From Trendelburg Castle and its Rapunzel Tower to Dornröschenschloss Sababurg (the Sleeping Beauty Castle), the German Fairytale Road is the perfect Christmas trip for kids big and small. The road, made famous by the Brothers Grimm and other storytellers from the region, stretches across 373 miles from Hanau near Frankfurt am Main to Buxtehude near Hamburg. If you’re super ambitious and have boisterous kids in tow, take the train to all 60 destinations (such as Kassel for the Grimmwelt museum or Frankenberg for Hansel and Gretel) but for a more sedate pace, stop off in a few hamlets—we particularly love Hamelin, which is home to the Pied Piper, or the region around Schwalmstadt, which is said to be the basis for Little Red Riding Hood. 


A relaxing Christmas: Karlovy Vary, Czech Republic

Wellness is written in capital letters in Karlovy Vary in Czech Bohemia. The charming spot is one of 15 historic thermal towns recognised by UNESCO. Europe is full of spa towns big and small, offering rest and relaxation.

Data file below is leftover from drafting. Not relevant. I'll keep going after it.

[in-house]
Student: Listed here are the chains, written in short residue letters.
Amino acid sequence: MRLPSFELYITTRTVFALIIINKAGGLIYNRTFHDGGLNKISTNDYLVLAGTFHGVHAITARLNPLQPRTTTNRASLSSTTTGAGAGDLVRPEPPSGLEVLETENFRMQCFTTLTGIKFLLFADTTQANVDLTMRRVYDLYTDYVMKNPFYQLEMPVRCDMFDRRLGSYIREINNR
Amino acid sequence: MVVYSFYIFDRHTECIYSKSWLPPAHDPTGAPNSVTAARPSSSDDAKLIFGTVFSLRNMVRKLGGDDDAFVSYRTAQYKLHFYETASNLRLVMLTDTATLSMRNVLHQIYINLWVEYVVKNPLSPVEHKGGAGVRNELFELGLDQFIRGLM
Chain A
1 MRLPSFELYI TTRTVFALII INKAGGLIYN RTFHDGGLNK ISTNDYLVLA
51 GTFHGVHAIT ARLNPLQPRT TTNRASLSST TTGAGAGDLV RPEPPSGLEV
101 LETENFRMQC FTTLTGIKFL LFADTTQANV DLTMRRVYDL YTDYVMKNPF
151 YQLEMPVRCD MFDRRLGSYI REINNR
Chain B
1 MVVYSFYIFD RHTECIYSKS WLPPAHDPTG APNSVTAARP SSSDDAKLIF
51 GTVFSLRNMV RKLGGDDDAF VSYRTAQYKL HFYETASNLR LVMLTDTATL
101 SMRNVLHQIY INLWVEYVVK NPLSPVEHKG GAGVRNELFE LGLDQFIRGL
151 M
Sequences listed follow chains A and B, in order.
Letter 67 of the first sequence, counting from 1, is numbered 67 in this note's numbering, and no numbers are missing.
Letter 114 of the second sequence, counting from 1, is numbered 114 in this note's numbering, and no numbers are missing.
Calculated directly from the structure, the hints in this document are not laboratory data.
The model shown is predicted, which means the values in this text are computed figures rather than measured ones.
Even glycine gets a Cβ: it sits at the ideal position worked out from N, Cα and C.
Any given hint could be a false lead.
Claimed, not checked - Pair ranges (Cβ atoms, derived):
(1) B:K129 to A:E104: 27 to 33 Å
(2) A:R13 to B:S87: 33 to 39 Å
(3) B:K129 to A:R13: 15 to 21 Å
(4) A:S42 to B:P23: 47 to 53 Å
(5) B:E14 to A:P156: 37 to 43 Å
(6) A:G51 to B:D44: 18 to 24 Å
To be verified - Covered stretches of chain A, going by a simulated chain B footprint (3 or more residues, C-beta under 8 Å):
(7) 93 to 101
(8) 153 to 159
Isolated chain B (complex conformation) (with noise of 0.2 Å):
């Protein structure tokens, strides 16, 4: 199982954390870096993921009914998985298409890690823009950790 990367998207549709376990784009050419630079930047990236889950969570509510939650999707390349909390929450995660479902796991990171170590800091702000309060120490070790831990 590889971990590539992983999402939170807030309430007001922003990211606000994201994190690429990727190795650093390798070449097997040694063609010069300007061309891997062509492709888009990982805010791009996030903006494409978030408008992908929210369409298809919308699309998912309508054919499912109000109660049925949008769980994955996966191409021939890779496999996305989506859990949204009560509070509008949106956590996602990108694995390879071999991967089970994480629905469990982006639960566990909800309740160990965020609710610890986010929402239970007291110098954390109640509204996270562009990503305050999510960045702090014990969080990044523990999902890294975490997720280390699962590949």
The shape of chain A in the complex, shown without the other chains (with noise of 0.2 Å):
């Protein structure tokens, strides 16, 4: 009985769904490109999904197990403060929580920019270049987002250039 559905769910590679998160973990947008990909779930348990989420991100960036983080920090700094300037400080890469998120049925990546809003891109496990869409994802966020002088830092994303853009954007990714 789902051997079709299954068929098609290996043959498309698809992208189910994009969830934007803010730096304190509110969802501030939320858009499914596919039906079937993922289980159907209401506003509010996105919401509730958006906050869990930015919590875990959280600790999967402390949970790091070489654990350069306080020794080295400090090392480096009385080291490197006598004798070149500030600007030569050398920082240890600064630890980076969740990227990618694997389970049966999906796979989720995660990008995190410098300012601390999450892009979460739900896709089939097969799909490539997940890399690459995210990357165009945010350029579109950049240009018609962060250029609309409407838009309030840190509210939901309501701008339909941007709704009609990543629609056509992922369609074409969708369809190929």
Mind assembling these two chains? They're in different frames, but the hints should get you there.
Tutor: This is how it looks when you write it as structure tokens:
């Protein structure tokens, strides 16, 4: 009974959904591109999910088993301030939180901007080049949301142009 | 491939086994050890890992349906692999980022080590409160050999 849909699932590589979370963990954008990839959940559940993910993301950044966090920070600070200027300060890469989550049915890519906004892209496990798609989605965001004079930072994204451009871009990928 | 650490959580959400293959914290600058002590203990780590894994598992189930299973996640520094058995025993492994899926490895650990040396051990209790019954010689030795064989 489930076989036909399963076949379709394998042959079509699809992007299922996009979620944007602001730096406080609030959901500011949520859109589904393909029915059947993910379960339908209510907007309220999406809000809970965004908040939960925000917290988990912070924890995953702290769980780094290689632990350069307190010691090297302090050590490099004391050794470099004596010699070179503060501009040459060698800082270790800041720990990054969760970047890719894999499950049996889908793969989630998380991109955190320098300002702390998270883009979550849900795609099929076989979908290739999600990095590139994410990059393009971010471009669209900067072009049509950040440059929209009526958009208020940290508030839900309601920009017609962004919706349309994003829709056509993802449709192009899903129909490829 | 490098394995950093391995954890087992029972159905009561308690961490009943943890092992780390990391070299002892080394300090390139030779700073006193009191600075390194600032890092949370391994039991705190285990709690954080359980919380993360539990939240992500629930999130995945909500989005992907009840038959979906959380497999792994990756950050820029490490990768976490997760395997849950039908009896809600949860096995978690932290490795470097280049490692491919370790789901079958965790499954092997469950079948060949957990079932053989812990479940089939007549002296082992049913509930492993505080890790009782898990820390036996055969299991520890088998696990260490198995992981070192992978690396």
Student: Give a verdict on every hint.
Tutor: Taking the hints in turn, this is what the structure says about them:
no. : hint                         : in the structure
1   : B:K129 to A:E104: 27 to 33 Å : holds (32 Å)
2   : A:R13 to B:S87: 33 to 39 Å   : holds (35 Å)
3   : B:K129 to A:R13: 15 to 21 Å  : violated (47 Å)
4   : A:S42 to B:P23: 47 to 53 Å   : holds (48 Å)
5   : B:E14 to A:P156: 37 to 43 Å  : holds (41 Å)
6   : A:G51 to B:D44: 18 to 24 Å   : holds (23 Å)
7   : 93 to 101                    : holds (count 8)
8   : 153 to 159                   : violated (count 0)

Hot springs have been popular curative spots since Roman times. Karlovy Vary was originally reserved for the aristocracy and nobility (Peter the Great once convalesced here) but now everyone can get in on the action. Alzbetiny Lázne-Lázne V is one of the top spots in town to recharge and most people spend at least a week here, drinking the healing waters while on-site doctors treat them for a variety of ailments. But if just relaxation is your aim, nearly every hotel in the town has a spa of some sort, offering hydrotherapy treatments and massages.